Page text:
The investigative news non-profit was a bold experiment in traditional reporting in the time of digital upheaval. Five years later, it's still a viable organization.
Among all the nonprofit and for-profit news organizations founded in the digital era when so many traditional print publications have suffered economic catastrophe, the most respected new enterprise is ProPublica. Launched in 2007-08 with a $30 million long-term commitment from the West Coast philanthropists Herbert and Marion Sandler, ProPublica has succeeded by every measurement. It has won a dazzling array of prizes, including the 2011 Pulitzer for National Reporting honoring a series called "The Wall Street Money Machine," the first time a Pulitzer was awarded for stories that did not originate in print.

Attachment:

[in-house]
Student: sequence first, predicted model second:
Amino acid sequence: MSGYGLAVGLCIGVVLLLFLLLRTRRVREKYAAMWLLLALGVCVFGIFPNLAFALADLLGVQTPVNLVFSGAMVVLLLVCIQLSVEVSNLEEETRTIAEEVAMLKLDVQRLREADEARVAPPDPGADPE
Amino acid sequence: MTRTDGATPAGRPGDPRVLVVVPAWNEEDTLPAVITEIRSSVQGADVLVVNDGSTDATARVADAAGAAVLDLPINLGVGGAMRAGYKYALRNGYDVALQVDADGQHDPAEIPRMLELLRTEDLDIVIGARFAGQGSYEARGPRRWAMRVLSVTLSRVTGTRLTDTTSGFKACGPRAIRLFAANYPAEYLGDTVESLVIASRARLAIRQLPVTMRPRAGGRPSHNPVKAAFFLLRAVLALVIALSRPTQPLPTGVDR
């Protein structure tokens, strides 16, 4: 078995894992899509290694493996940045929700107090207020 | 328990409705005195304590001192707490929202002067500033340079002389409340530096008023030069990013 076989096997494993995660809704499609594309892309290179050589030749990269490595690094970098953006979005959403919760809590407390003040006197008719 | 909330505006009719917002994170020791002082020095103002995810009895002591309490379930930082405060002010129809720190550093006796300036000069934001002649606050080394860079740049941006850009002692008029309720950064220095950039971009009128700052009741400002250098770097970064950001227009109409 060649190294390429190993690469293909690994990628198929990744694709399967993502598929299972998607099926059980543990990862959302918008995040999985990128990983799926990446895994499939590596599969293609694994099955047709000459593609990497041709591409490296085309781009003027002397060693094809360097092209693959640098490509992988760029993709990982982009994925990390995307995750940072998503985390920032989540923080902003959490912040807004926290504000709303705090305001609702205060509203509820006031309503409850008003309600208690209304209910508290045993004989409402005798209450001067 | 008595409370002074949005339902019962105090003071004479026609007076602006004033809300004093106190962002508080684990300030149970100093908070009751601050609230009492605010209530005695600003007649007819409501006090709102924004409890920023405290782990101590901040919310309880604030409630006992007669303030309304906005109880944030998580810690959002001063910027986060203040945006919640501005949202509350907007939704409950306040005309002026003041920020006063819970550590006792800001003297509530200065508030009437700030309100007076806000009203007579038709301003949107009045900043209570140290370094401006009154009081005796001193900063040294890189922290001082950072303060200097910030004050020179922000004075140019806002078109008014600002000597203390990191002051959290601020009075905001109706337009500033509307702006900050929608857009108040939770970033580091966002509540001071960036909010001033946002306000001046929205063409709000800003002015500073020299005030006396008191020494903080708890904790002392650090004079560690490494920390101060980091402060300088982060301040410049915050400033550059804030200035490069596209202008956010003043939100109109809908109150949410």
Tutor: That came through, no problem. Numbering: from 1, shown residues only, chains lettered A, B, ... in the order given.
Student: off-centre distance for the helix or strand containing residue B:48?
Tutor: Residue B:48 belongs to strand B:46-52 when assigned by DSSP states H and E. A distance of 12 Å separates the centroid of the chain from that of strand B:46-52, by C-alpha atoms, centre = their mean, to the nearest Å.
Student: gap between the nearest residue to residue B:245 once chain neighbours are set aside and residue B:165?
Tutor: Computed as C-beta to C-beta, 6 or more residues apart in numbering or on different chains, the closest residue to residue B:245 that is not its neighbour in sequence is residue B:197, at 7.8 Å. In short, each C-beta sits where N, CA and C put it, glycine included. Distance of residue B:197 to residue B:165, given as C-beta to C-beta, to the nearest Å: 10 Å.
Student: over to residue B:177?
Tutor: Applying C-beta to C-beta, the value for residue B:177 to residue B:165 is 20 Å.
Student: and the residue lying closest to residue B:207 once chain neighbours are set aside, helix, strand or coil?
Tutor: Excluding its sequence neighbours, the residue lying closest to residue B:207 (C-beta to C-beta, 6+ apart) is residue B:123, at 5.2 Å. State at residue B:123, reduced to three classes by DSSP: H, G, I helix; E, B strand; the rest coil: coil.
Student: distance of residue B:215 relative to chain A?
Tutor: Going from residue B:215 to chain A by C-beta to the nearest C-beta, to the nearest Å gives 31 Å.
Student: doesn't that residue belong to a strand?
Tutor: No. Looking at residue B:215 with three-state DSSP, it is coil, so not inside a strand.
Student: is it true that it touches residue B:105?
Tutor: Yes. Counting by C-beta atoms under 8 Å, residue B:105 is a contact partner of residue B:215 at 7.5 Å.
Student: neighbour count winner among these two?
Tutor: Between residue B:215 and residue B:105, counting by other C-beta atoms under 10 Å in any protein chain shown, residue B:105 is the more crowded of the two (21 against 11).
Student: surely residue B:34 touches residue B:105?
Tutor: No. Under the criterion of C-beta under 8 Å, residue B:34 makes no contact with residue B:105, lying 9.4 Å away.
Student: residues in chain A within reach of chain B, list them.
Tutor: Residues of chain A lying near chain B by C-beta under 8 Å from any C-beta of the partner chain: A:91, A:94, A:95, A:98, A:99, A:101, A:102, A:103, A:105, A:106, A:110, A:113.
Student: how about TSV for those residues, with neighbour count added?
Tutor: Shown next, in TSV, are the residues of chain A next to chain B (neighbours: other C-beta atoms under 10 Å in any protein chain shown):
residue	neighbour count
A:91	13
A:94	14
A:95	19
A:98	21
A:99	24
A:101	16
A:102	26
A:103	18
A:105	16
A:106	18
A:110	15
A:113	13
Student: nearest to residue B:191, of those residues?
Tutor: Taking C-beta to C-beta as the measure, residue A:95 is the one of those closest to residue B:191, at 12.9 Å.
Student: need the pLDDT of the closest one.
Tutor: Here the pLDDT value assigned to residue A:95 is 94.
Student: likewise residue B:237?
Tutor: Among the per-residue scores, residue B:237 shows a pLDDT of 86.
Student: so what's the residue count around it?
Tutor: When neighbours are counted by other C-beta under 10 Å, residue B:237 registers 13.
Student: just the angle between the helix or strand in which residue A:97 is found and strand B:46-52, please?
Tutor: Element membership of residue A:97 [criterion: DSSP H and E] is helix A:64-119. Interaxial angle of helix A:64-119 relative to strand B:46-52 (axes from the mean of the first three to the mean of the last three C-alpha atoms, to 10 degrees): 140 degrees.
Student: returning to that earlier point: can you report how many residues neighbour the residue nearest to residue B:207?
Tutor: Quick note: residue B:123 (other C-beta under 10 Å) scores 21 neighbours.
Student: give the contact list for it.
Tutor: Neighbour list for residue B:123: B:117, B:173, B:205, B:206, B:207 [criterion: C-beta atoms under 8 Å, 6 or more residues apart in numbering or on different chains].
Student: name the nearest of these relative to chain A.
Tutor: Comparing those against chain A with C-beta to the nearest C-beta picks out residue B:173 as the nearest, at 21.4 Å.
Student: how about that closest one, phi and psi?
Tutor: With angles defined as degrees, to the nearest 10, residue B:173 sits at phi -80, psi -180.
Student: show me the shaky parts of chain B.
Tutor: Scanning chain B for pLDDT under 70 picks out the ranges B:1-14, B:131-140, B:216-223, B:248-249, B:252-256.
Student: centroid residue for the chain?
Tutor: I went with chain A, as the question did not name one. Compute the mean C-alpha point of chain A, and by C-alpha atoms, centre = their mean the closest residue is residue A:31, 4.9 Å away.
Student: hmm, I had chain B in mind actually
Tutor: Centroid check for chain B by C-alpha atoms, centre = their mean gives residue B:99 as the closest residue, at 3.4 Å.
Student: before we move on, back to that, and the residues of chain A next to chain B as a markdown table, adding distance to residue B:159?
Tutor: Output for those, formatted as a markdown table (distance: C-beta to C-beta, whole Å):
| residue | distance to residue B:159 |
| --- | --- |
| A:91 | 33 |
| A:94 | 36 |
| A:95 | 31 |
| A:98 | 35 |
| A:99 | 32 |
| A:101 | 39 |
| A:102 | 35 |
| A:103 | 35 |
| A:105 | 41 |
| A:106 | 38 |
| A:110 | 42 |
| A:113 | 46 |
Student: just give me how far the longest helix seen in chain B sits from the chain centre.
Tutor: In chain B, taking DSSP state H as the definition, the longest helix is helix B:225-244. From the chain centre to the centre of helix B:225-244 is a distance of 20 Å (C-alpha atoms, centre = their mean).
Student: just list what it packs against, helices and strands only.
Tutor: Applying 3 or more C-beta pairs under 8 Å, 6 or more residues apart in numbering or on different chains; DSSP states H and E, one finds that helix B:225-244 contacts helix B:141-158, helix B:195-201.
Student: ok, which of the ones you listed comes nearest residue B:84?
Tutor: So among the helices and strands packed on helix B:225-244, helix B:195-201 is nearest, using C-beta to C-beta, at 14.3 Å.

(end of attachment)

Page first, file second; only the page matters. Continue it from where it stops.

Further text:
ProPublica has also made a major contribution to what is called data-based journalism, a combination of investigative reporting and sophisticated computer analysis on issues such as pharmaceutical company payments to doctors across the country listed by name. In 2011, ProPublica partnered with 27 other news organizations, including many of the country's foremost names -- the New York Times, the New Yorker, NPR, and PBS's Frontline -- to produce 115 stories. (ProPublica partnered with The Atlantic for a December 2010 report on dialysis.) All this has been accomplished with a staff of about 40 journalists and support personnel, which seems surprisingly small, given the impact ProPublica has had on the news. It has shown beyond doubt that there can be top quality reporting in a time of widespread cuts in resources across some of journalism's most established entities.